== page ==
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  • Writer's pictureDon Magruder

October 2022 Whole House Commodity Report


By Don Magruder


The RoMac Whole House Commodity Index (Index) for mid-October 2022 declined 4.0 percent to $51,240, which on the face is good news for builders and new homebuyers, but if you look inside the numbers there are real concerns. Foremost, the Index is 10.4 percent above last year’s October Index price, and that is with declines this year of 4 major wood commodity components.


Compared to last October, CDX pine plywood is down $5.28 per sheet, OSB sheathing is down $3.40 per sheet, Spruce Studs are down 4 cents per stud, 2×4-16 #2 spruce is down $1.06 per board, and 2×4-16 #2 pine is down $1.60 per board. With all these declines in major wood commodities, how can the Index pricing be up 10.4 percent this year?

The reason is the core inflation in other building materials to build the house has not declined. Here are the primary reasons:

  • Labor shortages and costs continue to plague the construction supply chain sector. Wages have not declined and finding skilled workers who can increase productivity is a major problem.

  • Because fuel costs and labor costs remain high, trucking and logistic prices continue to escalate.

  • Manufacturing in the building material sector relies heavily on natural gas which is up 2 to 3 times in price versus last year.

  • Escalating interest rates are increasing fixed costs on many in the building material sector, especially those companies that are highly leveraged.

As of October, there appears to be little to no relief in the core inflation factors that continue to create higher pricing at the center of most construction projects. On top of that, the country continues to have a fundamental housing shortage which will not collapse demand.

Over the last 30 days, even with the devastation of Hurricane Ian, wood commodity prices could not hold up, and that is a big story. The huge concern I see in the Index is the price of concrete. Again, this month, concrete increased by 1.6 percent, and it appears the pricing of concrete is being driven due to the core inflation issues as previously discussed, as well as demand as the American Infrastructure plan commences. A billion dollars of investments in roads and government projects could continue to pressure concrete pricing and availability for an extended period. Builders, especially in Florida, who lean toward masonry construction may have to move to lower-cost wood construction as block and concrete pricing pushes huge gaps in home pricing between wood and masonry construction.


Here are the price movers on the Index in the last 30 days.

  1. Concrete was up 1.2 percent on tight demand and higher costs.

  2. Rebar was up 2.3 percent which indicates the demand equation for the increased infrastructure projects may be starting. Wire mesh declined 9.7 percent.

  3. CDX pine plywood is down 18.4 percent while OSB sheathing was flat. Neither panel product moved during or after Hurricane Ian which is a first in 20 years. OSB does remain in tighter supply.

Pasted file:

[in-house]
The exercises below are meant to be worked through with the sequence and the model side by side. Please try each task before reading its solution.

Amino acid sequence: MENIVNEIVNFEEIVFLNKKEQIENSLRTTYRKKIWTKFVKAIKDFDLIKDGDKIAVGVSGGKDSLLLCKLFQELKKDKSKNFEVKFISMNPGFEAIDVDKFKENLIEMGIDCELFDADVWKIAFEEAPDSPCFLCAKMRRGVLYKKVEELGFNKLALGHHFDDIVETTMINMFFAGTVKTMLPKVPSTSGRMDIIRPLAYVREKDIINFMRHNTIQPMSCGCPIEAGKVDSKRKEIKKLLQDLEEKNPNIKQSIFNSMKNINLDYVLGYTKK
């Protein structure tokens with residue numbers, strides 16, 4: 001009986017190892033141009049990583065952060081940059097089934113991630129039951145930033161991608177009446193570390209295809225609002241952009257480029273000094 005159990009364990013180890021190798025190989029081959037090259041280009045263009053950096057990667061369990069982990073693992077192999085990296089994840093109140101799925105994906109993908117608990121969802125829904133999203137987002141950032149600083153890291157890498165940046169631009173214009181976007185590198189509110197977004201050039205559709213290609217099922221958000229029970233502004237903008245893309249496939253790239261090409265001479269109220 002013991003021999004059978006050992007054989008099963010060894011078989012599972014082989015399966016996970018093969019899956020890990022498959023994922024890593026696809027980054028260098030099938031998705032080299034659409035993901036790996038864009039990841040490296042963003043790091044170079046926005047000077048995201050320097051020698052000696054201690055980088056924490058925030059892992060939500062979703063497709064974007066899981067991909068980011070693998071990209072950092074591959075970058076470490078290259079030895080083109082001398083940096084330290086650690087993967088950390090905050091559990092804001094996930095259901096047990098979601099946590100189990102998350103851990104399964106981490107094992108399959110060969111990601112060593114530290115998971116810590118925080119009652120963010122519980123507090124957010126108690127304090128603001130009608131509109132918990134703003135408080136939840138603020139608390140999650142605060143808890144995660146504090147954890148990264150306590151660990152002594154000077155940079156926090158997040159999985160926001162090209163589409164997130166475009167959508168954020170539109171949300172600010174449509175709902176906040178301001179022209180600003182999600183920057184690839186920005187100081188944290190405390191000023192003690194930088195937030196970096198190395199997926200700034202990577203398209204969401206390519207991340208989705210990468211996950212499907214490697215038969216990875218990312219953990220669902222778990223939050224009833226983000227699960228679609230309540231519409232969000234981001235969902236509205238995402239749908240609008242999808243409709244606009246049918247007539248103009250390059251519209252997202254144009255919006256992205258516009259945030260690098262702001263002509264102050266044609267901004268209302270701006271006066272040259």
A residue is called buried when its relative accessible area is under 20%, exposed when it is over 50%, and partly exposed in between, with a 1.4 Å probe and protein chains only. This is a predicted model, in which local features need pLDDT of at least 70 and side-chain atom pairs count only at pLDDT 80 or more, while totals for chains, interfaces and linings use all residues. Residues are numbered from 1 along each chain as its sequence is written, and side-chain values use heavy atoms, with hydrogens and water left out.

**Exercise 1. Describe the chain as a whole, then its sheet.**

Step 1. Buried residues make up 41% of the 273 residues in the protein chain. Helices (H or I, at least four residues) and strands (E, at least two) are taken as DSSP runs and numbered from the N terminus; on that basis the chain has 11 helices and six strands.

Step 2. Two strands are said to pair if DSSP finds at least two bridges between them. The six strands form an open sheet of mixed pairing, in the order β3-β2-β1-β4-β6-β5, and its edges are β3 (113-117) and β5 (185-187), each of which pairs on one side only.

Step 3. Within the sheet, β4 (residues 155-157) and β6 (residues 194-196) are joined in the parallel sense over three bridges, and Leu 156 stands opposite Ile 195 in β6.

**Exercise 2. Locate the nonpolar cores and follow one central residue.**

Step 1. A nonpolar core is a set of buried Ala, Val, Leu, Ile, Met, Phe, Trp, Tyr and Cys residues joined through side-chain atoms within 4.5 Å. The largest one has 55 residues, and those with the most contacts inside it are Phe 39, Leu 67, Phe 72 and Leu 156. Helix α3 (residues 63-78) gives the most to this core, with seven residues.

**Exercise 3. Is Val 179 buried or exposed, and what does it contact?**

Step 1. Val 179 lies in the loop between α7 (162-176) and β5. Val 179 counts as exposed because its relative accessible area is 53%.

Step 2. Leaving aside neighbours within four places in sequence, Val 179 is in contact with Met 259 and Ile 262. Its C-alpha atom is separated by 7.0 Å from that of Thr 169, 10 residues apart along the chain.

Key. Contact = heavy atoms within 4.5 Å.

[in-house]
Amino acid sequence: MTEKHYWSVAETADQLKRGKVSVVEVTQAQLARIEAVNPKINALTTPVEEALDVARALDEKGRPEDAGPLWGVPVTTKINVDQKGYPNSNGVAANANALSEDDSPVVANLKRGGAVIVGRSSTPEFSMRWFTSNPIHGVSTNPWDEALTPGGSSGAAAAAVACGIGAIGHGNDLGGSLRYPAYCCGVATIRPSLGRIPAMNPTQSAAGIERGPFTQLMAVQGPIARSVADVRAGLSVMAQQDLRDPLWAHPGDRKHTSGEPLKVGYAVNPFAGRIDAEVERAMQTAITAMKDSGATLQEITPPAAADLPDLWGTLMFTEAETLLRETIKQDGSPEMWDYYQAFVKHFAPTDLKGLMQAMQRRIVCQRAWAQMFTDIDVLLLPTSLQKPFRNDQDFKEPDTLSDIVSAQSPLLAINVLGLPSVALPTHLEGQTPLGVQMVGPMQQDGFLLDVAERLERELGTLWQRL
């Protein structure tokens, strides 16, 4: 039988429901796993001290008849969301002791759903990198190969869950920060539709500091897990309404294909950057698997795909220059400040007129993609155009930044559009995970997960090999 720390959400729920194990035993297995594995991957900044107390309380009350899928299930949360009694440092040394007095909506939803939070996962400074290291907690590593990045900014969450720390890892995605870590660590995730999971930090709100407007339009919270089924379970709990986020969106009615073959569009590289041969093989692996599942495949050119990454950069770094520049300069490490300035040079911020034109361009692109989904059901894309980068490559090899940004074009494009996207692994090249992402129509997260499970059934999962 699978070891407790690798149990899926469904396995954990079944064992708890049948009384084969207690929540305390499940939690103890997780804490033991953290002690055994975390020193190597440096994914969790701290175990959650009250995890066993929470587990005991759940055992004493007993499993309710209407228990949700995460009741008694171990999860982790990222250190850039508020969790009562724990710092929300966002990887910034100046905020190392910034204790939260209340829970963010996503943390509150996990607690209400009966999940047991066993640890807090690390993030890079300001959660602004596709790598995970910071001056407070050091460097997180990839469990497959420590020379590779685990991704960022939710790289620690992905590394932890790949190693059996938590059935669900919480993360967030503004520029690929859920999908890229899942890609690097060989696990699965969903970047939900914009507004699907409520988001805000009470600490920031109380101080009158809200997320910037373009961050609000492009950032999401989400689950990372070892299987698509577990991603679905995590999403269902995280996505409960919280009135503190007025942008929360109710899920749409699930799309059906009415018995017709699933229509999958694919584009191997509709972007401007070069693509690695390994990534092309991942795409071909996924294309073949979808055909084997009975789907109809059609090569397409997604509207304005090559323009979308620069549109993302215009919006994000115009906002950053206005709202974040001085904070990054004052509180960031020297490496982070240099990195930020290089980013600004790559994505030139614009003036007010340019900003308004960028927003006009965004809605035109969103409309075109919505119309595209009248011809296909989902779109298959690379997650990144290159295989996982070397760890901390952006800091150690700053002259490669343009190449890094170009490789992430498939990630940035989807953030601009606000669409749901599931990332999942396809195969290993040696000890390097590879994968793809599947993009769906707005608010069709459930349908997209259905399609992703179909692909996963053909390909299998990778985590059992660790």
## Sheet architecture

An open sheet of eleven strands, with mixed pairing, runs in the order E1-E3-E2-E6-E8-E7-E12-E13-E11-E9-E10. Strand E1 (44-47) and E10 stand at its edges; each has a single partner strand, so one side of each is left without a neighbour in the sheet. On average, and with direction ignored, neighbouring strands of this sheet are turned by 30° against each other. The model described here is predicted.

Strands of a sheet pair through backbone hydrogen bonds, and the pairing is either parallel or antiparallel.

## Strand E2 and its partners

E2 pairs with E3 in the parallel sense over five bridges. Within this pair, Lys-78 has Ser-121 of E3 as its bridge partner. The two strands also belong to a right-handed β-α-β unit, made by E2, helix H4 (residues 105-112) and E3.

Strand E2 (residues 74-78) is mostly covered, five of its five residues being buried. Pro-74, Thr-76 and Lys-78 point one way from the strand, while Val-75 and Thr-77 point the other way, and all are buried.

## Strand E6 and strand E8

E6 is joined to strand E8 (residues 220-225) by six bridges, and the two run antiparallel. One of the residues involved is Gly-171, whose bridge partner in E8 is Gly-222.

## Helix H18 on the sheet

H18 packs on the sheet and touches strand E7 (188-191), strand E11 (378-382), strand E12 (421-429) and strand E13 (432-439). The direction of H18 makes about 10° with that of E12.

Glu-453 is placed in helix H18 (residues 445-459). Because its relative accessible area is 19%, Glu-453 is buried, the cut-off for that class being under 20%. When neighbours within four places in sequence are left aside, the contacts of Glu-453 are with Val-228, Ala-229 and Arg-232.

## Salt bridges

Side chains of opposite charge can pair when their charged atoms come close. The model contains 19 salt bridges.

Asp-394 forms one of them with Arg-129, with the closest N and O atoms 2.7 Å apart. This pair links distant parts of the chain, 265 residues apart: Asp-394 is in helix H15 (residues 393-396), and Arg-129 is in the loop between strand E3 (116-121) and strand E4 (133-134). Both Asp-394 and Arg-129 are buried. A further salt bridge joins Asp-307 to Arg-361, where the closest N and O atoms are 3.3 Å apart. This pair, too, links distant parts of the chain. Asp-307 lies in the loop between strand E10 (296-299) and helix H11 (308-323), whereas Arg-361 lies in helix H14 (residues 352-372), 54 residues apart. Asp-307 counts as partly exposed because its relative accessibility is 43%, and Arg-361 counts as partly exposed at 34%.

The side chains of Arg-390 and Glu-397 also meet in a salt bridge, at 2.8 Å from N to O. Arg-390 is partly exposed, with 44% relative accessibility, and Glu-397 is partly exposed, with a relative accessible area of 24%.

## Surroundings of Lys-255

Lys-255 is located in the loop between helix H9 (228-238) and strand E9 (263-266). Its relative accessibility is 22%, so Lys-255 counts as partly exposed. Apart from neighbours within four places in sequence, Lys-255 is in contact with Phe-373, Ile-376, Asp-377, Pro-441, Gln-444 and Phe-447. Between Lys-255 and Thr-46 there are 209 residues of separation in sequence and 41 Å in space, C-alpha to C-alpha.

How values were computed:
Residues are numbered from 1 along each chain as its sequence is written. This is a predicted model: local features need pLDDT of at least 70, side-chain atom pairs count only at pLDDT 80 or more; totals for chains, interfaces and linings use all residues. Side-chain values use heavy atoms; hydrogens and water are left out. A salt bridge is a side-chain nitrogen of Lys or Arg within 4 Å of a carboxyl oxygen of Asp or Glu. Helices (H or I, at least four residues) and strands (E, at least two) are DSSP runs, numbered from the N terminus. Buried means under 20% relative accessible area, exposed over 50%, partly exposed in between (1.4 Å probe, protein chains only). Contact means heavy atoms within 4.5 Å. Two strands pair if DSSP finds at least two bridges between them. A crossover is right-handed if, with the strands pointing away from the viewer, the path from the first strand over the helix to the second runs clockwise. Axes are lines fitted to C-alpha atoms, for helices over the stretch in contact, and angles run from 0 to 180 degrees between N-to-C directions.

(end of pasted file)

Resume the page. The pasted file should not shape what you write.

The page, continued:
4. 2×4-16 #2 yellow pine declined 19.0 percent with 2×6-16 #2 pine increasing 8.3 percent while 2×12-16 #2 pine dropped 8.7 percent on better LVL availability. Pine is probably getting close to the bottom.

  5. Spruce studs dropped 13.5 percent while dimensional 2×4 #2 spruce declined 6.6 percent but 2×6 #2 spruce added 1.5 percent.

  6. 2×4 treated gave back 14.9 percent while 4×4 treated declined 8.6 percent.

All other pricing remains firm from last month.


Builders should stay focused on year vs year numbers and not get caught looking at the candy drops in wood commodity because the core numbers will truly reflect the real housing cost numbers. At this point, with no drastic drops in labor or energy costs, expect core costs to remain elevated and as higher interest rates affect suppliers and manufacturers in the supply chain, inflation could get worse. On the other hand, now that hurricane season is ending, supply chains for 2023 will probably not be disrupted as much as the last two years – but items will still be expensive.


This quarter and next year are shaping up, managing prices, and looking for different ways to create value.

The RoMac Building Supply Whole House Commodity Index is based on wholesale costs of the base components to build a 2,200-square-foot wood frame home with a concrete stem wall in Central Florida. The Index includes foundation, metal, concrete, block, stucco, cement, wood framing, siding, sheathings, trusses, roofing, drywall, insulation, windows, doors, trim, garage doors, and most building hardware. It does not include décor, electrical, plumbing, mechanical, landscaping, or labor. Because the Index uses current wholesale costs, this should be a strong indicator of the direction of building prices for the next 30-45 days.


Don Magruder is the Chief Executive Officer of RoMac Building Supply in Central Florida. For great videos and Don’s weekly column, go to www.AroundTheHouse.Tv to subscribe to our YouTube channel and weekly updates.

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